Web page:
Wednesday, May 25, 2005

"You haven't heard the last of Ernest T. Bass!"

Okay, now I am depressed. Saddened, even. Darnnit this has been an emotional week for me and just about all of it from the pop culture scene (which doesn't hardly happen, ever). But this one... hurts... folks, seriously. But we were blessed to have had him while we did, and now he's gone to that great celestial hollar up in the sky...
Ernest T. Bass

Howard Morris has passed away at the age of 85. He was pretty well-known in film and television circles but here in North Carolina, Mr. Morris will forevermore be known and renowned for something else entirely altogether: he was the man who brought the irascible, irrepressible mountain "nut" Ernest T. Bass to life on The Andy Griffith Show.

From the story at WFMYNews2.com:

Actor Howard Morris Remembered

Los Angeles, CA -- Howard Morris, best known for his portrayal of Ernest T. Bass on the Andy Griffith Show, died at his home in the Hollywood section of Los Angeles. He was 85.

Morris died Saturday of natural causes, his son David said Monday.

Morris enjoyed a long and varied career in show business, from being a key player in the acting ensemble of Sid Caesar's "Your Show of Shows" in the 1950s, to his stint on the Griffith Show, to providing voices for dozens of animated characters, including Beetle Bailey and Atom Ant.

He also directed TV shows and films, including the pilot episode of the Mel Brooks series "Get Smart," the Doris Day film "With Six you get Eggroll," and the film version of Woody Allen's "Don't Drink the Water," starring Jackie Gleason.

But it was probably as the love-challenged, poetry-spouting hillbilly on "The Andy Griffith Show" that most people remember Morris. His fan Web site is named for the character that appeared in only a handful of episodes, but made a large impact with viewers. The show was based in the fictional town of Mayberry, modeled after Griffith's hometown of Mount Airy, N.C.

Morris was born in the Bronx, New York, on Sept. 4, 1919. He served in the entertainment unit of the U.S. Army during World War II, stationed in Hawaii.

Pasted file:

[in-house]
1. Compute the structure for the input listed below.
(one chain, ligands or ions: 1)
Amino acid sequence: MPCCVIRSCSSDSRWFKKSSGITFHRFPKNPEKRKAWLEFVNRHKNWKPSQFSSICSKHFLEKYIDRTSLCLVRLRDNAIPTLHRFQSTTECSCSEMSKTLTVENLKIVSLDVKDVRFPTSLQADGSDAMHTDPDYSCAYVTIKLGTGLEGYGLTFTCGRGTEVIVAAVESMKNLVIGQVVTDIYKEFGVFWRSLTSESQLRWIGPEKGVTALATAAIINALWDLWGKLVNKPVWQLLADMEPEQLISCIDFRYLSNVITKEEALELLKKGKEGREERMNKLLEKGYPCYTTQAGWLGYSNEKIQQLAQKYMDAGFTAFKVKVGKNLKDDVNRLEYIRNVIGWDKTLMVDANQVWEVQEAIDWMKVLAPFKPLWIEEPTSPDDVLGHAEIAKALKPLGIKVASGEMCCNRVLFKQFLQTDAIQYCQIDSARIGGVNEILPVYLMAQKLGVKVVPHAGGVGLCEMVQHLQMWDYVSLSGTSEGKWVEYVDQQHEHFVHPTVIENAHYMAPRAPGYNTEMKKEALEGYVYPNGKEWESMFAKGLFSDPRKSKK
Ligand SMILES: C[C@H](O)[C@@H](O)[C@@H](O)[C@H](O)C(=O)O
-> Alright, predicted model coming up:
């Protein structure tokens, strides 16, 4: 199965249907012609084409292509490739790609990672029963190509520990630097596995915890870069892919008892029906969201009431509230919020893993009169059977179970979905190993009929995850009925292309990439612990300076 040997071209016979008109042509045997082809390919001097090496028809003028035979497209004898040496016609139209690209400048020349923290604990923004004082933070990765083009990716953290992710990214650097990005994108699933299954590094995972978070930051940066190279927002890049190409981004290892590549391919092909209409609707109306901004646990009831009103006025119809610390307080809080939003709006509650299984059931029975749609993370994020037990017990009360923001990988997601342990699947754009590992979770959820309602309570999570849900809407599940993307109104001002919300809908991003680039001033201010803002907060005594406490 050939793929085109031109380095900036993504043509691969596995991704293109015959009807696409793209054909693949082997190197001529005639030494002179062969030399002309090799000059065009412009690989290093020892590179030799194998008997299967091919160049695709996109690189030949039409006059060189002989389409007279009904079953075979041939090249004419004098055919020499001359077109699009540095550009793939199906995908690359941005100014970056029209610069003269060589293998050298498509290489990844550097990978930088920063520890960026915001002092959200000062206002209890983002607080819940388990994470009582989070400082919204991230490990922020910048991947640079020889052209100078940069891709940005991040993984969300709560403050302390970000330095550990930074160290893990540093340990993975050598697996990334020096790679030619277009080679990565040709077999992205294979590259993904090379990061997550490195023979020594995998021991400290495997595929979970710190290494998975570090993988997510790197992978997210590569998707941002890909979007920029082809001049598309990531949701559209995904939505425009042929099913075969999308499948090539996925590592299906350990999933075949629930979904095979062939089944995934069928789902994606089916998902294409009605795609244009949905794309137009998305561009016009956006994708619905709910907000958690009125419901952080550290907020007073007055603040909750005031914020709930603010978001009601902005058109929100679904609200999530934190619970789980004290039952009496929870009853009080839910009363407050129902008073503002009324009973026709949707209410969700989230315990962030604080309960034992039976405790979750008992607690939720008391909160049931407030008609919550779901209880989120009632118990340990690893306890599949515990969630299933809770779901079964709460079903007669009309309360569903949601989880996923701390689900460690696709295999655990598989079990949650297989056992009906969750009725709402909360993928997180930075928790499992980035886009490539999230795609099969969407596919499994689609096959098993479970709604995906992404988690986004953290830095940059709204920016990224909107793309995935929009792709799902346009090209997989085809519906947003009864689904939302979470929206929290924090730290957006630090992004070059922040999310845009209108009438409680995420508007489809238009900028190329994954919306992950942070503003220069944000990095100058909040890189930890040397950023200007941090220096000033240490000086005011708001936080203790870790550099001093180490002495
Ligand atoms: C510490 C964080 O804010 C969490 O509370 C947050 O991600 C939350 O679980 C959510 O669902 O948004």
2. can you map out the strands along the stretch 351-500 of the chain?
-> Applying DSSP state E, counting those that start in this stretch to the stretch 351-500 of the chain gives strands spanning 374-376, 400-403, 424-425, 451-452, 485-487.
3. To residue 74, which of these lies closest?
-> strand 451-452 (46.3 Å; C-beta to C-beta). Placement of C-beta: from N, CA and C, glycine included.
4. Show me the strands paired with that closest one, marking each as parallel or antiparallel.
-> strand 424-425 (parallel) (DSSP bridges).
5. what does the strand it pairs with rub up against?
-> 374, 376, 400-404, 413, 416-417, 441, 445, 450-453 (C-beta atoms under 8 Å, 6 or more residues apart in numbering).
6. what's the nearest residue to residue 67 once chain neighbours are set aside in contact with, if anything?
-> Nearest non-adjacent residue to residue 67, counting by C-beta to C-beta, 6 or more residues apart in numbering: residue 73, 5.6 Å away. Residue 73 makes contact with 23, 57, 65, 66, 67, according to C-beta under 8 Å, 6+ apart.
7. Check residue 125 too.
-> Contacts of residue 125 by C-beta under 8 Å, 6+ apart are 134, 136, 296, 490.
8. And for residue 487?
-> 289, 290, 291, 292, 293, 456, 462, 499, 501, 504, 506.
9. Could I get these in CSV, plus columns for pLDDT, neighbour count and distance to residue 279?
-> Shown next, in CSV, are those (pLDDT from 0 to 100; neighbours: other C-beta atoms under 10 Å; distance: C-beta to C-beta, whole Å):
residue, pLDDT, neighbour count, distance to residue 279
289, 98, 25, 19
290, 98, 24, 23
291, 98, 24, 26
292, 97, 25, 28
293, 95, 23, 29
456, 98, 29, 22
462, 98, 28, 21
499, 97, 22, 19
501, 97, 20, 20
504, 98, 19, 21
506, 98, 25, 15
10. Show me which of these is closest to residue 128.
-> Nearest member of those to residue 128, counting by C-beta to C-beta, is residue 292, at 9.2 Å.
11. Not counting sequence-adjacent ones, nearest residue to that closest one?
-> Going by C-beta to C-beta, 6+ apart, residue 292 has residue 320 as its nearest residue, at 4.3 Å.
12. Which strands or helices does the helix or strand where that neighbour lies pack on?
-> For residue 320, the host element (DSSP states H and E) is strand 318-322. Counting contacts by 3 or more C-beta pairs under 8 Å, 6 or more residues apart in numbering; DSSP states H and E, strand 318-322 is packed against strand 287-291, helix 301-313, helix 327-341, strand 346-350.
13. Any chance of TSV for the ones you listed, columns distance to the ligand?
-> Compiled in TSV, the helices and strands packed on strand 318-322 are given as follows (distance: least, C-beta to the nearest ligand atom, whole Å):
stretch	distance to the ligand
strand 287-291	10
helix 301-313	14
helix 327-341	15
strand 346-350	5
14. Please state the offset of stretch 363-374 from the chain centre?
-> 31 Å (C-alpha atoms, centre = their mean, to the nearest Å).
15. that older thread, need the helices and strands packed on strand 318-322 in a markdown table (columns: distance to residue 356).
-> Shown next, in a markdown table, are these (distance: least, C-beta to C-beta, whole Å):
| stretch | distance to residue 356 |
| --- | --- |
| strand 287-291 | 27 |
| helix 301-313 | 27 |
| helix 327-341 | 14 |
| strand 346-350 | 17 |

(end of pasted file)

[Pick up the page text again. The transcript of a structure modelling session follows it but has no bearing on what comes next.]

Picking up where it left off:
After the war, he appeared on stage and enjoyed a brief stint as a Shakespearian actor.

In the 1950s, he joined a comedy sketch group including Carl Reiner and Imogene Coca on several TV variety shows, including "Admiral Broadway Review," "Your Show of Shows" and "Caesar's Hour."

After his work on "The Andy Griffith Show," Morris provided the voices of possums, birds, monkeys, cats and alligators on several animated TV shows. He is credited as the "third buffalo" in a Flintstones episode that aired in 1963.

Also in 1963, Morris played the nebbish character "George P. Hanley" on an episode of "The Twilight Zone" entitled "I Dream of Genie." Hanley, hopelessly inept in social situations, is given one wish by a genie that appears after he rubs a lamp. After considering and rejecting numerous options, Hanley's wish is granted -- he becomes the genie.

Morris was married and divorced five times. His son David, 39, is a director of TV commercials.

In remembrance of the passing of Ernest T. Bass, we should all go out and throw a rock through a window.

Seriously though, he was a one-of-a-kind talent and will be missed. WFMY has a poll up right now about which was our favorite Ernest T. Bass episode, but they're missing a few classics, like the one where Ernest T. tries to get into the army, and the one where he's working as a school crossing guard (where the above photo is from).

But at least like Otis the town drunk and Floyd the barber, though gone they may be, they will live on, thanks to the flickering magic of reruns on syndication and TV Land. Ernest T. Bass will terrorize Mayberry forever, world without end, hallelujah amen...

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